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When U.S. Marine Security Guards at American embassies around the world need backup, they call on the Marine Security Augmentation Unit. And in the past 30 days, the quick reaction force has responded to that call twice to protect embassies in Africa and the Caribbean. 

“Everywhere we have an embassy, we can reinforce it with what we call an MSAU team,” Lt. Gen. Ronald Bailey said in a 2014 video. “It consists of about a squad size of Marines that can break down into teams and go out and reinforce an embassy all around the world.”

On June 30, a team of 13 Marines deployed on short notice from Quantico, Virginia to the U.S. Embassy in Eswatini amid pro-democracy protests in the small African nation, as Haley Britzky reported. They provided backup to Marine security guards already on the scene after thousands of citizens flooded the streets to protest King Mswati III, who has lived in the lap of luxury as many of his citizens starve.

Then on July 16, a Marine security augmentation unit was sent to the U.S. Embassy in Port-Au-Prince, Haiti, “out of an abundance of caution” after the assassination of Haitian President Jovenel Moïse, officials said. The impoverished Caribbean nation also saw Marines deploy in 2018.

This US Marine quick reaction force has deployed twice in the last 30 days to protect American embassies
U.S. Marines attached to the Marine Security Augmentation Unit (MSAU) simulate room-clearing through a Tactical Maze in Summit Point, W.Va., April 9, 2015. The training prepares members of MSAU for the protection and security of American Embassies and assets across the globe. (U.S. Marine Corps photo by Cpl. Daniel Benedict/Released)

The Marine Security Augmentation Unit’s latest deployment to Haiti marked its 107th mission since it was established in 2013. Their primary mission is to protect diplomatic and consular facilities facing an increased threat and they receive specialized training beyond their counterparts serving at embassies.

Created in the wake of the 2012 attack on U.S. diplomatic facilities in Benghazi, Libya, that left a U.S. Ambassador and three other Americans dead, the MSAU currently consists of about 145 Marines from various military occupational specialties. They first go through training at Marine Security Guard School in Quantico, Virginia for six weeks where they learn the ins and outs of embassy duty and qualify with the Glock 19 pistol, the short-barrelled MK18 carbine rifle, and M870 shotgun. They are typically assigned first as guards overseas before they are recommended for MSAU duty by region commanders.

This US Marine quick reaction force has deployed twice in the last 30 days to protect American embassies
U.S. Marine Staff Sgt. Gregory Ashton with the Marine Security Augmentation Unit (MSAU), engages his target during a weapons field test of the M27 Infantry Automatic Rifle at Marine Corps Base Quantico, Va., Feb. 21, 2014. The MSAU Marines conducted the live-fire range in order to familiarize themselves with the new weapons system. (U.S. Marine Corps photo by Staff Sgt. Ezekiel R. Kitandwe/Released)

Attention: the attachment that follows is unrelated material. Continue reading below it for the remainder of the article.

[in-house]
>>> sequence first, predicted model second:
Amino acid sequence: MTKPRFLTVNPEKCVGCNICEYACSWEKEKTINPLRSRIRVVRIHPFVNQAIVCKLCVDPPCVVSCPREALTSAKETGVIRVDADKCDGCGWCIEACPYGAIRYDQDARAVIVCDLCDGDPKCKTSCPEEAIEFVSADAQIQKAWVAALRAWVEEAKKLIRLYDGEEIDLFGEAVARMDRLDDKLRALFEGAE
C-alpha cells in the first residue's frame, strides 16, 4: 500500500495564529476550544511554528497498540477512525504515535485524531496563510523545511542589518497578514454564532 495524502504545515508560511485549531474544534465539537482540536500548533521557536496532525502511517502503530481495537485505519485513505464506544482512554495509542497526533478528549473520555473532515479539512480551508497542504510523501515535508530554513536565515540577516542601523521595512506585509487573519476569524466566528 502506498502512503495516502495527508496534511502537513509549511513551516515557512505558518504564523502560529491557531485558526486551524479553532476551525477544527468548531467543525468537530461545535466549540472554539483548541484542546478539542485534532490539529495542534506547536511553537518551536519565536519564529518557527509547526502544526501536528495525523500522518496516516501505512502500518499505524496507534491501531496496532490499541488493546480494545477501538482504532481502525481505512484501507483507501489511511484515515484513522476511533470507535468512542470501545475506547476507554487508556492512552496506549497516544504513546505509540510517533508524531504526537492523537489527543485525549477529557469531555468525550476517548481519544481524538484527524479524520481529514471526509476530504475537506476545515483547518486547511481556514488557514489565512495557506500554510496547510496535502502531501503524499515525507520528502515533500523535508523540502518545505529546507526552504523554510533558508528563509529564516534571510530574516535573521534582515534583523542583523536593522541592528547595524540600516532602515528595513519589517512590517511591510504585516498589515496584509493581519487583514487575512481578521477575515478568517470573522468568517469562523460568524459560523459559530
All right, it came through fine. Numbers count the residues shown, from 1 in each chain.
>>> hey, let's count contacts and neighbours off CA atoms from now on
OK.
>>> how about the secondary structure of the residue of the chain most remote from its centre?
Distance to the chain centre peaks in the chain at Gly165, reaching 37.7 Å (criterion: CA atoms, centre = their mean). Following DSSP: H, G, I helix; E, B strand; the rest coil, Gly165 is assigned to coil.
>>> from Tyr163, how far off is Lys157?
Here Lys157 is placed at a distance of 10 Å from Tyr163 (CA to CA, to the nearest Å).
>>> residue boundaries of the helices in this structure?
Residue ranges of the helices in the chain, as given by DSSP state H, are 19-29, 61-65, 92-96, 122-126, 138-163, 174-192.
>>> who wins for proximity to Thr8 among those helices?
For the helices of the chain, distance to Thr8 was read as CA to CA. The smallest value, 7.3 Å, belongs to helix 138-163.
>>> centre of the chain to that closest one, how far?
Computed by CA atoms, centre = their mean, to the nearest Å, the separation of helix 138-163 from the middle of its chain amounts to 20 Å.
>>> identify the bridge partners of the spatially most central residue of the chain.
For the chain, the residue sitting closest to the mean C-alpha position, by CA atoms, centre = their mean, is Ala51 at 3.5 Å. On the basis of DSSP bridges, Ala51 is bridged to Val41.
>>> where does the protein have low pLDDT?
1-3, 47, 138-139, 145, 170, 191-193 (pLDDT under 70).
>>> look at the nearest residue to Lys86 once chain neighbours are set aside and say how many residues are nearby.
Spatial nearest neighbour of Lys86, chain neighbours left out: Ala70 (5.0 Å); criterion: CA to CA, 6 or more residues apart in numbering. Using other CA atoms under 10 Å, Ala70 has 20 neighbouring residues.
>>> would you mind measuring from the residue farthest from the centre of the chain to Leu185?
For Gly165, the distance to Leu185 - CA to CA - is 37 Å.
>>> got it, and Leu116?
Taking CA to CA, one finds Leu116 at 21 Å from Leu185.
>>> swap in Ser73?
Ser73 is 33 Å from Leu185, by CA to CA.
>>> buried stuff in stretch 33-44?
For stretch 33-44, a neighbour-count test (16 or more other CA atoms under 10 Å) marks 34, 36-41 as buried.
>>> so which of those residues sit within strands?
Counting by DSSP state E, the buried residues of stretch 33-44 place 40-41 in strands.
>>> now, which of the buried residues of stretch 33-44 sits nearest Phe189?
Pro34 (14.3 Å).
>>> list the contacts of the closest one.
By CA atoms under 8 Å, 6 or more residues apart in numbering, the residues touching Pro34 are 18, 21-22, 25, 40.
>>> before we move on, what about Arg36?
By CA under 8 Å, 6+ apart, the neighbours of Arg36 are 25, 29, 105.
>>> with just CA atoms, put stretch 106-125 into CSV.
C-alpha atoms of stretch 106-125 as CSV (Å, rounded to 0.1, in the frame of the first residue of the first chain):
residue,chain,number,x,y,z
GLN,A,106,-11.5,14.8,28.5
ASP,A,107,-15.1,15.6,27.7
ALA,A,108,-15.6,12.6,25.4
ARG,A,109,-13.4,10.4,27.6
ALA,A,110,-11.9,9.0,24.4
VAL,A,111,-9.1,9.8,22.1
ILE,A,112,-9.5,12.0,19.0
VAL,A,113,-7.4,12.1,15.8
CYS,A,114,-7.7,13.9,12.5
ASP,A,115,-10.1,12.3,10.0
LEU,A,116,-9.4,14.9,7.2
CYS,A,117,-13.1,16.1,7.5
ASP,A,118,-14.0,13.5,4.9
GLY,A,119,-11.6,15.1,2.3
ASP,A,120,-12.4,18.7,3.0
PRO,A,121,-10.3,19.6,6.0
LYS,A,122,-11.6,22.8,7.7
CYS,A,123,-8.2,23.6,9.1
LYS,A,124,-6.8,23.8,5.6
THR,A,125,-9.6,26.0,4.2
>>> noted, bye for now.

“Marines assigned to duty at MSAU are screened by Marine Corps Embassy Security Group Headquarters for performance, decision making, and leadership and tactical skills,” said Capt. Andrew Wood, a Marine spokesman. “Once assigned to the unit, the MSAU staff assess each Marine’s ability and provide advanced training in MSG and Diplomatic Security skills.”

Though Wood did not elaborate on the specifics of that training, he said MSAU Marines are armed with the M27 infantry automatic rifle and conduct “proficiency-fire” with many other U.S. and foreign weapons. They also practice room clearing and receive extra medical training, according to publicly-released photos. As soon as they join the ranks, they can expect to experience a high operational tempo, as the unit has been deployed on average every eight days since it was formed.

Aside from these latest deployments, officials noted that MSAU Marines were on the ground on the first anniversary of the Benghazi attack in 2013 and supported “multiple sites” including the ambassador’s residence in Bangkok, Thailand amid political instability in 2014.  U.S. Ambassadors, chiefs of mission, or regional security officers can directly request their support, according to Marine Corps Times.

Marines in Bangkok saw thousands protest in front of the facilities and “stood ready to repel intruders” if a breach occurred, according to Wood, though he said local police prevented this from happening.

In 2016, about two dozen MSAU Marines relieved an Army battalion in reinforcing the embassy in Juba, South Sudan, amid deadly clashes between rival groups. “The situation on the ground, while still volatile, had settled to the point where the [Army troops] could depart,” Wood said. “MSAU remained in Juba for over six months.”

Although the unit often travels by air, MSAU had to improvise during “Yellow Vest” protests in Paris, France in 2017. After rioters forced international airports to shut down, the Marines were flown to a neighboring country and then driven to the Paris embassy, the oldest U.S. diplomatic outpost.

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